Besides the fact I’m a converted Google Analytics user, the results definitely supported my belief.  After everything I kept Google AnalyticsBlogTrackerQuantcast and the MyBlogLog widgetClicky was one that I seriously considered keeping but the added graphic wasn’t something that I wanted to keep on my page and I felt the BlogTracker provided the live tracking service that had me seriously considering keeping Clicky.

Extra Note: Before removing the scripts I ran WebSiteOptimization.com’s Web Page Analyzer just to see how much additional load all these scripts were putting on my page loads.  This additional load accounted for about 16% or 52,367 bytes (roughly 51KB).  I would highly recommend Web Page Analyzer as a tool to see how long it takes your pages to load and to better understand how to optimize pages on your site to load quicker.  If you are really interested here are pdf’s of the WebSiteOptimization.com result pages with the Analytic Code and without the Analytic Code.

Additional Resources:

  • Top 5 Web Analytics Apps that are better than Google Analytics - I just read this today and although I don’t agree with the author I think it’s important to present another view.
  • 20 Analytics Tools For Blogs - I discovered many of the tools I used for this study off this post so it’s only fair to give some credit.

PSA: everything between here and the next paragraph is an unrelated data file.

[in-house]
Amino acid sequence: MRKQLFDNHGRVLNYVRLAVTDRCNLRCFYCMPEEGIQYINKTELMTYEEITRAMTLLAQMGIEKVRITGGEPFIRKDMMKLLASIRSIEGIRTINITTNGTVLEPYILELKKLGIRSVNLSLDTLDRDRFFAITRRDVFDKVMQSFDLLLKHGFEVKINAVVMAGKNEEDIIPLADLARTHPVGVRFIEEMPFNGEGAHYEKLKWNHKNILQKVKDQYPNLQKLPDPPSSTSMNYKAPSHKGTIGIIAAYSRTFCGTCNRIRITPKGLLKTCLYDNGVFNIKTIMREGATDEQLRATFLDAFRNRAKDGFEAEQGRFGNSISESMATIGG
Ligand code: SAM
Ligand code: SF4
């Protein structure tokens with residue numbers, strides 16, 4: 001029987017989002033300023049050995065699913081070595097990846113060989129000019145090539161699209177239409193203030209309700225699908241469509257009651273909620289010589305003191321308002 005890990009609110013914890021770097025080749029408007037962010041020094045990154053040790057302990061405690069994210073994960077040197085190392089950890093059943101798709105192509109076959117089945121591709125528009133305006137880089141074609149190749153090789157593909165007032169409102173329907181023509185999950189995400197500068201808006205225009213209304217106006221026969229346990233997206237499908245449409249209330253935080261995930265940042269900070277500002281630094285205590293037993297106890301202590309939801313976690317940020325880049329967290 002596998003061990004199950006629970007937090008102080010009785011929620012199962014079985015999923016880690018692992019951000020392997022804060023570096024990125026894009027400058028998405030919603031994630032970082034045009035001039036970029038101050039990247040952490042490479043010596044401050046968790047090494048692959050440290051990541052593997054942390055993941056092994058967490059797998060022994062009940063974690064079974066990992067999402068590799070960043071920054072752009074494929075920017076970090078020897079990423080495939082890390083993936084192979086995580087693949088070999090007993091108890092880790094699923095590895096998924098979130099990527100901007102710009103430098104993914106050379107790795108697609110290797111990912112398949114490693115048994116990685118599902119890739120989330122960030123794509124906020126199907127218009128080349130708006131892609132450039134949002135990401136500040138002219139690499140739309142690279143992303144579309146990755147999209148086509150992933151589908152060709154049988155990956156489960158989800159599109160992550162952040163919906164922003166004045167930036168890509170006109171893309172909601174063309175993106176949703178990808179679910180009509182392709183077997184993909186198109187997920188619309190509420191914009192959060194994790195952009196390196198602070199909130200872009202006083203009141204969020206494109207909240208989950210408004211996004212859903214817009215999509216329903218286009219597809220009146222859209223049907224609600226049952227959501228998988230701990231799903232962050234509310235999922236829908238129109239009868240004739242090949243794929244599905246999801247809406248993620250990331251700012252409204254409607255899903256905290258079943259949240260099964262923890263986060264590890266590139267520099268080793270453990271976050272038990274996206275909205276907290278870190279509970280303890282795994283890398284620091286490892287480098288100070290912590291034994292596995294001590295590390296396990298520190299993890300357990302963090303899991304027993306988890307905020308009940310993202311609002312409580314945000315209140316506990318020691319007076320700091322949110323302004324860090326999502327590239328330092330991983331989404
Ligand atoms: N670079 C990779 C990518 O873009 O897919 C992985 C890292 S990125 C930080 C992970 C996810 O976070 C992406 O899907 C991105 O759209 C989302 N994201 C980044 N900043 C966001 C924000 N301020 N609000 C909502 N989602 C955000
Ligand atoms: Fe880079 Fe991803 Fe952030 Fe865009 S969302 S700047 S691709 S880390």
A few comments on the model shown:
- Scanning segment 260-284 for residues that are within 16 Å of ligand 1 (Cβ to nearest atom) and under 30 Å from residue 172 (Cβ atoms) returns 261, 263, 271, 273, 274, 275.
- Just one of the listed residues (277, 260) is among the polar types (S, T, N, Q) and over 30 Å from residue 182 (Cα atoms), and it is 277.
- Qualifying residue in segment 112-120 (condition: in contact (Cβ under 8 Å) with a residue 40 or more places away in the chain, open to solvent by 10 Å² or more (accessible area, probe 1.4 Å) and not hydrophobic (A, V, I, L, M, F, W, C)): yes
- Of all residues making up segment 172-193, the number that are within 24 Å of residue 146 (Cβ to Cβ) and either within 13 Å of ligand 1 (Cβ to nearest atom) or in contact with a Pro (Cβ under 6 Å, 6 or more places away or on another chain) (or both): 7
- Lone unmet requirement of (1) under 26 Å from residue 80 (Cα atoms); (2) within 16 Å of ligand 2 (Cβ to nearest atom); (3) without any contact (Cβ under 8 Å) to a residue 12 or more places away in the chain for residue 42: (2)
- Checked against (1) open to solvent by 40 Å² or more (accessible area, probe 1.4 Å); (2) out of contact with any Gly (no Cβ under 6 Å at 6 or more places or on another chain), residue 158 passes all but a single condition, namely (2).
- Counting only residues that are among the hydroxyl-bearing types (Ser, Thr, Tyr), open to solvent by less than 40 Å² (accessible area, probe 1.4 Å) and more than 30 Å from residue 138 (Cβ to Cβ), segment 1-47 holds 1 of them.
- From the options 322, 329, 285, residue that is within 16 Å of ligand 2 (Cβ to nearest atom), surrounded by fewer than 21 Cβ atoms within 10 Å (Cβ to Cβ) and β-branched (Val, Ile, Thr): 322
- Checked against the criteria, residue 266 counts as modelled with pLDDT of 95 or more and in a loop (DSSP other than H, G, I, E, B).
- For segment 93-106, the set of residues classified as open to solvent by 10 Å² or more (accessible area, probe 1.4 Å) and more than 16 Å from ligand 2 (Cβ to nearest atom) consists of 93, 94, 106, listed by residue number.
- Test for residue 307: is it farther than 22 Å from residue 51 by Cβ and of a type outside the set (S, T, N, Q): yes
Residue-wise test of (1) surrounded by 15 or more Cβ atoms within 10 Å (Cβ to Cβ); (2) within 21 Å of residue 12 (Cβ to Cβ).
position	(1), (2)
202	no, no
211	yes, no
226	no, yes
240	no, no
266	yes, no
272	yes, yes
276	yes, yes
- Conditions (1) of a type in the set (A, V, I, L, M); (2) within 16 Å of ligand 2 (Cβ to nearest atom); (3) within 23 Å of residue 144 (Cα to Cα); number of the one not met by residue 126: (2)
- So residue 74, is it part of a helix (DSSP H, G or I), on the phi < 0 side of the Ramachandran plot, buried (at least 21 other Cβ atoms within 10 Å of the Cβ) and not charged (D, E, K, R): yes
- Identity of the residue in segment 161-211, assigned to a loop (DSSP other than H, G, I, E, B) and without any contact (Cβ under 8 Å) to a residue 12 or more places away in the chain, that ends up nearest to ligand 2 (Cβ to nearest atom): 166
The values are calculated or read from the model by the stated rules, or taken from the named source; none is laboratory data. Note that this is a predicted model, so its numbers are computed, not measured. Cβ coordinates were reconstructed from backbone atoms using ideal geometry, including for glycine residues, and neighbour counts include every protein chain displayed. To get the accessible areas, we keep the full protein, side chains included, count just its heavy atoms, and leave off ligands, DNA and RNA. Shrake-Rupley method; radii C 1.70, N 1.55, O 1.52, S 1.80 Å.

• Free Website Analytics Tracking Resources - This is a page I’ve put together with the resources mentioned in this post along with some others that provide industry data and can be used to analyze your competition.

This post was written by:

Founder - who has written 225 posts on .eduGuru

Founderis currently the Customer in Residence at HubSpot, a Co-Founder at nuCloud and  formerly the webmaster at Wofford College. Founderis an active contributor in the social media spectrum. Although his background is technical, he claims to know a thing or two about marketing, but mostly that revolves around SEO, analytics, blogging, and social media. He has spoken at multiple national conferences and done countless webinars on topics ranging from e-mail marketing to social media and Web analytics. He's definitely a fairly nice guy.